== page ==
“Ramen Shop” is a hard film to pin down. Quirky, personal, political and, as its title indicates, culinary, it’s a slow food movement kind of effort, a meandering movie determined to take its own time.
Yet, like a quiet dish with an unexpected spicy kick, “Ramen Shop’s” emotions creep up on you unawares. In fact, the film almost seems to stumble on its emotional content as if it didn’t quite know it was there.
Directed by Eric Khoo, Singapore’s most prominent filmmaker, “Ramen Shop” owes its idiosyncratic qualities partly to the unusual way it was conceptualized, as a film made to commemorate half a century of diplomatic relations between that country and Japan.
“I felt that food would be a perfect vehicle as both countries are crazy about food,” Khoo explains in a director’s note, “and because there are so many stories about food that have moved me.”
And certainly, as appetizingly photographed by Brian Gothong Tan, food has pride of place in the story, with so many delicious-looking dishes flashing by on screen you wish each had an identifier reminding us what they were.
Under the opening credits, for instance, we watch the preparation of a knockout bowl of ramen, the noodle and soup dish that, with some 24,000 ramen shops in business, is a mainstay of Japanese eating.
This particular ramen establishment, in the midsize city of Takasaki (home to an enormous statue of Kannon, the goddess of mercy, that figures in the plot) is popular enough to have a line of eager eaters outside.
But though the food is tasty, the working atmosphere is not. Top chef Kazuo (Tsuyoshi Ihara) knows his business, but he is mute and non-communicative where his son and culinary collaborator Masato (Takumi Saitoh) is concerned.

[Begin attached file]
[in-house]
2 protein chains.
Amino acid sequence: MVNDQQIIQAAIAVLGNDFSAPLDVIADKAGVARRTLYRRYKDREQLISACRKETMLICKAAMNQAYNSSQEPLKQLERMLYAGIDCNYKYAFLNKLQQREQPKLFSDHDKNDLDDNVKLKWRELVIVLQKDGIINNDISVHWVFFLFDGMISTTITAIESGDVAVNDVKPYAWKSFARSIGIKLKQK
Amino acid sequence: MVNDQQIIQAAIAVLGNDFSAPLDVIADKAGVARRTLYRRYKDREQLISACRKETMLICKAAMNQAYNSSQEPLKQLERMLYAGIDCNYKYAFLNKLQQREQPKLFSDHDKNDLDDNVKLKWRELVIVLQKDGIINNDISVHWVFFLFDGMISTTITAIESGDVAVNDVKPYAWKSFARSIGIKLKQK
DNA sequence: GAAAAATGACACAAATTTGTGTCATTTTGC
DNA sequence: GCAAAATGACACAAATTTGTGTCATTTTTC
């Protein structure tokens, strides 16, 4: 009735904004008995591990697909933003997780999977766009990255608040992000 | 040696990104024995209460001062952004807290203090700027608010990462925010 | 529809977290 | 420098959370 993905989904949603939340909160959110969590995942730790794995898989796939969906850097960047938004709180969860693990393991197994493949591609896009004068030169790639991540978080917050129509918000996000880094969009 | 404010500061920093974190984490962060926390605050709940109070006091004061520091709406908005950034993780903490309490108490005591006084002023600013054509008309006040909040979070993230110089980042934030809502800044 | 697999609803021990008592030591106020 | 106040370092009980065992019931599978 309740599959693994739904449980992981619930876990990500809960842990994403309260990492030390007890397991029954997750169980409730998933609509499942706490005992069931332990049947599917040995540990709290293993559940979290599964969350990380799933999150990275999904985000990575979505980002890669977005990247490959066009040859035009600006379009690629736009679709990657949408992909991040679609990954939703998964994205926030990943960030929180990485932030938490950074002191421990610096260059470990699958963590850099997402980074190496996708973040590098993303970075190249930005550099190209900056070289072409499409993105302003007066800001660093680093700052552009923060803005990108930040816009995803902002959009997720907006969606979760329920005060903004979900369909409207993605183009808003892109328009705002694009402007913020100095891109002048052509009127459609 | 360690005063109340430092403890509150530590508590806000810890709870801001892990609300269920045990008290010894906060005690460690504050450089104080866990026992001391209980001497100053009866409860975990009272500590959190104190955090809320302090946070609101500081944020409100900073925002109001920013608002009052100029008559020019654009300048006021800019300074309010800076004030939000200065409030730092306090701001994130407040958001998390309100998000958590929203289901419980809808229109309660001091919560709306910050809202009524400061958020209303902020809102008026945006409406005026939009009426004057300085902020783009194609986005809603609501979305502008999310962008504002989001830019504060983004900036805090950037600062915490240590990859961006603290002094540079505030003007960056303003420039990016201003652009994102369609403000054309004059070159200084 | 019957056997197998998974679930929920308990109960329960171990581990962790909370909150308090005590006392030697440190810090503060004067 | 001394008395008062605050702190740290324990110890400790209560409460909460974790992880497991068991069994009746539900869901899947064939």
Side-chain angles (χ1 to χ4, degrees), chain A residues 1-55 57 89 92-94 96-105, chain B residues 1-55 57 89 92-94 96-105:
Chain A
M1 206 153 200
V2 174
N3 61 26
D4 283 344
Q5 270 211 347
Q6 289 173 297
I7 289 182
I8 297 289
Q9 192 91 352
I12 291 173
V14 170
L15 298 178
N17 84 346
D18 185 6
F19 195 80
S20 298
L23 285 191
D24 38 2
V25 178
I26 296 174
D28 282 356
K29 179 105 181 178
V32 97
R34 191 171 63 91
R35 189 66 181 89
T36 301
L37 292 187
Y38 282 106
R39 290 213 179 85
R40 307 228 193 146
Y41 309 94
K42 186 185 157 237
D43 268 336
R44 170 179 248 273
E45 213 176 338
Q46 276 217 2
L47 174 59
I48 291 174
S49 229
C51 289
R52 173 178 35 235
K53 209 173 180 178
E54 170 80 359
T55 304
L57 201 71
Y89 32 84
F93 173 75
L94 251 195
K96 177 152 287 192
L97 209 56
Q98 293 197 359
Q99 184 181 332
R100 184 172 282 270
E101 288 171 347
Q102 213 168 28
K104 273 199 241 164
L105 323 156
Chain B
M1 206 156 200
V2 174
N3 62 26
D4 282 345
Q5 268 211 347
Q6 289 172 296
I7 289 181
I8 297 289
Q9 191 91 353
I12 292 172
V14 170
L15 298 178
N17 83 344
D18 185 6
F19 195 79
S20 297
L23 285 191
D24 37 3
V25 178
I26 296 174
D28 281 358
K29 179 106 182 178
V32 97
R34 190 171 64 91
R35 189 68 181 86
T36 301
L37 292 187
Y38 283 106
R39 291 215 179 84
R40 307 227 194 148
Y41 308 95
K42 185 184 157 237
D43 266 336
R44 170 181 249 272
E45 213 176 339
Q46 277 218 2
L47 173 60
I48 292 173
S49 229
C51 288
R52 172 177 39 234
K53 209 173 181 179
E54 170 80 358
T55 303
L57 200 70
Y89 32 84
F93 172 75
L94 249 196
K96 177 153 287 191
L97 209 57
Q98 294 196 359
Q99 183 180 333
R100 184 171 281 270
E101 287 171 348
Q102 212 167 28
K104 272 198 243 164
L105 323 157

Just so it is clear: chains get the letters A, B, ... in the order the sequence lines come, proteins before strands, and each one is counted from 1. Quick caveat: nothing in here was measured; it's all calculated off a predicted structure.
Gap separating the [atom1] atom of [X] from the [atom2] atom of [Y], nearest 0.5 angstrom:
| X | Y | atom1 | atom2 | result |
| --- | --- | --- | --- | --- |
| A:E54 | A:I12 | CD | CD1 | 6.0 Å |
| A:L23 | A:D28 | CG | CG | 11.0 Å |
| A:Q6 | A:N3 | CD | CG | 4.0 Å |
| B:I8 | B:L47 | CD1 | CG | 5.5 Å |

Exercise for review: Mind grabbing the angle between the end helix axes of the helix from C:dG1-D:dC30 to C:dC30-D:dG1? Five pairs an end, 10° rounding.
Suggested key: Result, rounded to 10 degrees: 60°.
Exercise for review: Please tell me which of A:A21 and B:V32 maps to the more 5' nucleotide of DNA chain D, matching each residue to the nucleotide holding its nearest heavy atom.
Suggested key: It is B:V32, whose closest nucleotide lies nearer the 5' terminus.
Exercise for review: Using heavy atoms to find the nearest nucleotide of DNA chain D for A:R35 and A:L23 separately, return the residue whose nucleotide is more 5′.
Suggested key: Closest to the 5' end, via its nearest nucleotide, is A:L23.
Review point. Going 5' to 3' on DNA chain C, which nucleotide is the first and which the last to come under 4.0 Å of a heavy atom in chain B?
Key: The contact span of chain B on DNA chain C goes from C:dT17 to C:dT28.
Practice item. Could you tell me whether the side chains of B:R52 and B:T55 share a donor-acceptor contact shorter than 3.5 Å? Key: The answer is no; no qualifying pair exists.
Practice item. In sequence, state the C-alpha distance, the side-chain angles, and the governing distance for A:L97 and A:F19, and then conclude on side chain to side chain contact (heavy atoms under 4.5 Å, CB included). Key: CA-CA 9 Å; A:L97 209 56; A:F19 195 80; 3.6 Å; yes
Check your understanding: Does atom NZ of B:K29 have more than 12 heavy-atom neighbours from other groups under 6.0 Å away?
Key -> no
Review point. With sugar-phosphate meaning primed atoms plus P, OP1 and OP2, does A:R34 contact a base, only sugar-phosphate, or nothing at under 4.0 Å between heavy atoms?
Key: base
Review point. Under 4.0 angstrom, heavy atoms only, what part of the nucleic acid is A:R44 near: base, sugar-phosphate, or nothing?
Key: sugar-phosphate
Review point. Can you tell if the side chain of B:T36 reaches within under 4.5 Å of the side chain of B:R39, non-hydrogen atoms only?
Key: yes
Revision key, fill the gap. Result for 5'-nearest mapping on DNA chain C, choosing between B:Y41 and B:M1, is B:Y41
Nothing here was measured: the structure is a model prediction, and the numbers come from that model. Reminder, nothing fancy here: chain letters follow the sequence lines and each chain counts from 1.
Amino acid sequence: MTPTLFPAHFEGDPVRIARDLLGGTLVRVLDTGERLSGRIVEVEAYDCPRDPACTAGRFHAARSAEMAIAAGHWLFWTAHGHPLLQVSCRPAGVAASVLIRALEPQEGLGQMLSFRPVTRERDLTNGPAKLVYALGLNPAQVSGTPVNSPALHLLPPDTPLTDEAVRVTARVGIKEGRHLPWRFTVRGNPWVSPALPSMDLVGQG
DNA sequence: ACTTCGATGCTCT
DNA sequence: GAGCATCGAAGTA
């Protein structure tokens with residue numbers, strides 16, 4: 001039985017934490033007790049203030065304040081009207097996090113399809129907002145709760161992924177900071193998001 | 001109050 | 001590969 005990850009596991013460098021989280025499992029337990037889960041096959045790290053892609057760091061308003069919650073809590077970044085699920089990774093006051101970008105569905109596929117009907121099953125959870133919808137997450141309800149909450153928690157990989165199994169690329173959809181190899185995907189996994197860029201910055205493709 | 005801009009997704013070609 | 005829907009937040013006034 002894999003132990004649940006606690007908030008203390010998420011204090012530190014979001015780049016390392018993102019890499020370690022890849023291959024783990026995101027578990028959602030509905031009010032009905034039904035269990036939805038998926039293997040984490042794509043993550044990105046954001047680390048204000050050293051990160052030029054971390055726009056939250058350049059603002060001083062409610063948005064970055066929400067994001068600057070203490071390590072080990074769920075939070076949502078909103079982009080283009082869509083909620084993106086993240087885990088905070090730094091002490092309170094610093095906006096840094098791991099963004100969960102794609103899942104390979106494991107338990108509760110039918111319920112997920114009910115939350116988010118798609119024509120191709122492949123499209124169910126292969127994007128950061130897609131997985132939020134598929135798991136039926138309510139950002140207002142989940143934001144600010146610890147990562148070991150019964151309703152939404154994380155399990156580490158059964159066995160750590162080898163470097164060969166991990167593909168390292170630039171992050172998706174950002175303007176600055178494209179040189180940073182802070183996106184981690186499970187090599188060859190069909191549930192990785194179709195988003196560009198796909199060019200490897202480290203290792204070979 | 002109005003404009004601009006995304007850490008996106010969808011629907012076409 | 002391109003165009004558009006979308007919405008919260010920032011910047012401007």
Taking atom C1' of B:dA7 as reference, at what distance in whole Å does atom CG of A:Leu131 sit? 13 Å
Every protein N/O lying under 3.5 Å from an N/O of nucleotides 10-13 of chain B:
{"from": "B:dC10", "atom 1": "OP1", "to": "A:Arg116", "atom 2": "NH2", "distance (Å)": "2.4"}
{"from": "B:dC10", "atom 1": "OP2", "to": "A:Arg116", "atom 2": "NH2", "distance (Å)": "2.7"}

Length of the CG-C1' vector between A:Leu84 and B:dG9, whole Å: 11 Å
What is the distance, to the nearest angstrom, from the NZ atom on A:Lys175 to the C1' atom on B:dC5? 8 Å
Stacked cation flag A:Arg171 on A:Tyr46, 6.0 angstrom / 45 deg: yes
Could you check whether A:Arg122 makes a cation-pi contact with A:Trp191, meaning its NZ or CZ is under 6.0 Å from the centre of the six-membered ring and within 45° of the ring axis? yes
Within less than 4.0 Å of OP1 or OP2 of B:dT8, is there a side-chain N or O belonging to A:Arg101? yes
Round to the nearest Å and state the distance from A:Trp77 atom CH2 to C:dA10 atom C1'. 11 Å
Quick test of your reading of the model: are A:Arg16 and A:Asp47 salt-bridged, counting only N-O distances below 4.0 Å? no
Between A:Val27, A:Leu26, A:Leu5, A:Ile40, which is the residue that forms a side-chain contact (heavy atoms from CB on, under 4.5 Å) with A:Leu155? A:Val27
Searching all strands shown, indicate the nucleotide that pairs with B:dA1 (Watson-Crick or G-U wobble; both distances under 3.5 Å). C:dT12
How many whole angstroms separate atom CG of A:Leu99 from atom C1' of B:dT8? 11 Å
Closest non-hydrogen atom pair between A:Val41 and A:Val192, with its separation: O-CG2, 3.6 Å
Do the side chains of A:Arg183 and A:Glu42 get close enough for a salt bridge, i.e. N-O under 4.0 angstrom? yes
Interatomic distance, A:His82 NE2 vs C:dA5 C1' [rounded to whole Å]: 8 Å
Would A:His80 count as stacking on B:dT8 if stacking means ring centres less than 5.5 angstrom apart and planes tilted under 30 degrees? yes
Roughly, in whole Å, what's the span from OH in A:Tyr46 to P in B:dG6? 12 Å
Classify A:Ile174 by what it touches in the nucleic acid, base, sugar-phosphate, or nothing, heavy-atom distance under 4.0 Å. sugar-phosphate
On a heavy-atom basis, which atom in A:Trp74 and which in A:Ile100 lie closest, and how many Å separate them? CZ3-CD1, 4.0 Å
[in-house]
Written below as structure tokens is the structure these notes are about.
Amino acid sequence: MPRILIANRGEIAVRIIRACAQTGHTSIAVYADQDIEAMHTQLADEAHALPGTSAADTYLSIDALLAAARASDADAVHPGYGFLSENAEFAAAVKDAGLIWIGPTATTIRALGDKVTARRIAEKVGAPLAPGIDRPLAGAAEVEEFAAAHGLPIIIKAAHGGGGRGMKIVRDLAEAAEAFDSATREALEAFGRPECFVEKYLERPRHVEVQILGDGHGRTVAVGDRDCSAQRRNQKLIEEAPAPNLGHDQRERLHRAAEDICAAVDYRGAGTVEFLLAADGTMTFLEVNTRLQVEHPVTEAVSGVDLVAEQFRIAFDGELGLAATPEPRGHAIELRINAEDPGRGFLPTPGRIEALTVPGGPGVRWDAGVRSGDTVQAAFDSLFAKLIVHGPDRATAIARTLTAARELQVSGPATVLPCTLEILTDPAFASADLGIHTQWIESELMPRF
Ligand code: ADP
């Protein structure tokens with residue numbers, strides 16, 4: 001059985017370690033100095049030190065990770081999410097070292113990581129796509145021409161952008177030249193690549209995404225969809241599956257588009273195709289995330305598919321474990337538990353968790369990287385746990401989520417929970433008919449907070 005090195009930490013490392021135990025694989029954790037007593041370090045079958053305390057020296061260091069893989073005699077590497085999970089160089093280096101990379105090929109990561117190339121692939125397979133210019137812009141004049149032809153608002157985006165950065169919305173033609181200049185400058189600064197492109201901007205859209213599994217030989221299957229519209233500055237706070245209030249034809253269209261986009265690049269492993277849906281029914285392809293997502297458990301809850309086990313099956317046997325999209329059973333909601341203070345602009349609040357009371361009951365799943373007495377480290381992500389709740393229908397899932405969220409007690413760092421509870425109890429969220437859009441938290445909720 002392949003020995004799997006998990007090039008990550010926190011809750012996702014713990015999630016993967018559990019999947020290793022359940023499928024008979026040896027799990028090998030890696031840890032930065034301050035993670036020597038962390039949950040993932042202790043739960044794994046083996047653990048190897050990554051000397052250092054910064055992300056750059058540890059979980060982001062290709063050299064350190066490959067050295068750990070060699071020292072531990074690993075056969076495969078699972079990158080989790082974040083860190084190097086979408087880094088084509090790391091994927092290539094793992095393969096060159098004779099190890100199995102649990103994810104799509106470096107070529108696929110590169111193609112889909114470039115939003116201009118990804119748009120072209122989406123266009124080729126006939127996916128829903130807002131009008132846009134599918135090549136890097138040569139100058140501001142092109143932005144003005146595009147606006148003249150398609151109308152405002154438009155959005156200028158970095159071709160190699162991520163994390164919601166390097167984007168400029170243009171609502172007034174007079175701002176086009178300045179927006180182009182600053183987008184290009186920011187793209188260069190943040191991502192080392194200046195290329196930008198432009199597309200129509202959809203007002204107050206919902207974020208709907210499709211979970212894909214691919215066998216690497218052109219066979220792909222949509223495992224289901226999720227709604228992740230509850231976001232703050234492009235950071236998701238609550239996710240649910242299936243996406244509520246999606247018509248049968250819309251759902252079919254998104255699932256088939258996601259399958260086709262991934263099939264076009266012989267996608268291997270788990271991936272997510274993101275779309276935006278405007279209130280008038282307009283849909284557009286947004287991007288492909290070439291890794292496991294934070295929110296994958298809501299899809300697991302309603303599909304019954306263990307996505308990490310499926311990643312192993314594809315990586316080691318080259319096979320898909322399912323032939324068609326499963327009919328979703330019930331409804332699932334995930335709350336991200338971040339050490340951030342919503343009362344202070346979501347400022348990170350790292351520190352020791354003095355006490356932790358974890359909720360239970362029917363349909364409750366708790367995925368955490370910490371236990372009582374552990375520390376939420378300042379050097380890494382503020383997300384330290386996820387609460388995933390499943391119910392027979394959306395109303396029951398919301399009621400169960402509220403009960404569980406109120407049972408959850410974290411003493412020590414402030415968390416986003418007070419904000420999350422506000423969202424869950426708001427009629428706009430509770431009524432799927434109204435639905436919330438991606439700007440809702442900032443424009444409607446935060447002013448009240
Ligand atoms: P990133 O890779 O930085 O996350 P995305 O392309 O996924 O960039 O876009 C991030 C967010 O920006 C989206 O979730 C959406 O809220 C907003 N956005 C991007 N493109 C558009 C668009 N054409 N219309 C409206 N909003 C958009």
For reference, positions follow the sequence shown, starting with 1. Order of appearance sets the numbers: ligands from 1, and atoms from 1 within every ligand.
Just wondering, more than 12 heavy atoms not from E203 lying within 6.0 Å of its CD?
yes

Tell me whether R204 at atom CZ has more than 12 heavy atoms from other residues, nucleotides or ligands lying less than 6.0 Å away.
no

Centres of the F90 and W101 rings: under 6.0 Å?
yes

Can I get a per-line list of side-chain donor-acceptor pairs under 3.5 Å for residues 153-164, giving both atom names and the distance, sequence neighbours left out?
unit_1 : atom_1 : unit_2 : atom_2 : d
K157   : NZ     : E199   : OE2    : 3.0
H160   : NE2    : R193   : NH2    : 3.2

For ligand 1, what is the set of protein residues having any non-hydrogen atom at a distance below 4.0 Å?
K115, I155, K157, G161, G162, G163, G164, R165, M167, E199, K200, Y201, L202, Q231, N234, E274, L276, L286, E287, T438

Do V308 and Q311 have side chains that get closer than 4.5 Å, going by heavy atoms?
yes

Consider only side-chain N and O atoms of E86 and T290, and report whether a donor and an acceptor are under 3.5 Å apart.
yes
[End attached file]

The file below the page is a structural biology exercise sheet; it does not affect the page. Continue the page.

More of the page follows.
“If I was a bowl of ramen,” the son says to his father’s brother, “maybe he’d show more interest in me.”
Masato, for his part, is fascinated by the cuisine of Singapore, the homeland of his late mother Mei Lian (Jeanette Aw.) So interested in fact that he keeps up a digital correspondence with Miki (Seiko Matsuda), a foodie and proprietor of Miki’s Culinary Journey, a blog devoted to the Singapore food scene.
“Ramen Shop” has barely begun when Kazuo dies and Masato impulsively heads off to Singapore, where he lived until he was 10, determined to both connect with his mother’s culture and to learn some great new dishes.
He’s encouraged in his quest by documents found among his father’s belongings, including a photo album and journal kept by his mother in her native Mandarin.
First stop, not surprisingly, is a visit with the charming Miki, who takes him to dinner and regales him with Singapore culinary lore, filling him in, for instance, on the accomplishments of the Four Heavenly Kings, the chefs who dominated the local food scene in the 1960s and ’70s.
Masato is especially interested in bak kut the, a legendary pork rib soup he remembers from his childhood, and which Miki obligingly tells him originated with poor laborers who couldn’t afford actual meat and boiled the bones instead.
In addition to all this foodie material, “Ramen Shop” also functions as a kind of soft-boiled detective story, as Masato attempts to track down Wee (Mark Lee), his chef uncle, and the elusive grandmother (Beatrice Chien) who had some mysterious rift with Masato’s mother that never got resolved.
Given its various parts, the tone of “Ramen Shop” varies widely. Childhood flashbacks of Masato and his mother, verge on being too sweet, as do those showing how his father and mother met and the courtship between them (hint: It involved food).
Yet “Ramen Shop” also has that historical element, detailing what happened in the city when the Japanese occupied Singapore during the Second World War, and tone is very different there.
Helping these various parts fit together is that unexpected emotion. Sentimental and proud of it, “Ramen Shop” believes food is a way of keeping memories alive, and we see it happen before our eyes.
No MPAA rating.
Running time: 1 hour, 30 minutes.
Playing Landmark Nuart, West Los Angeles.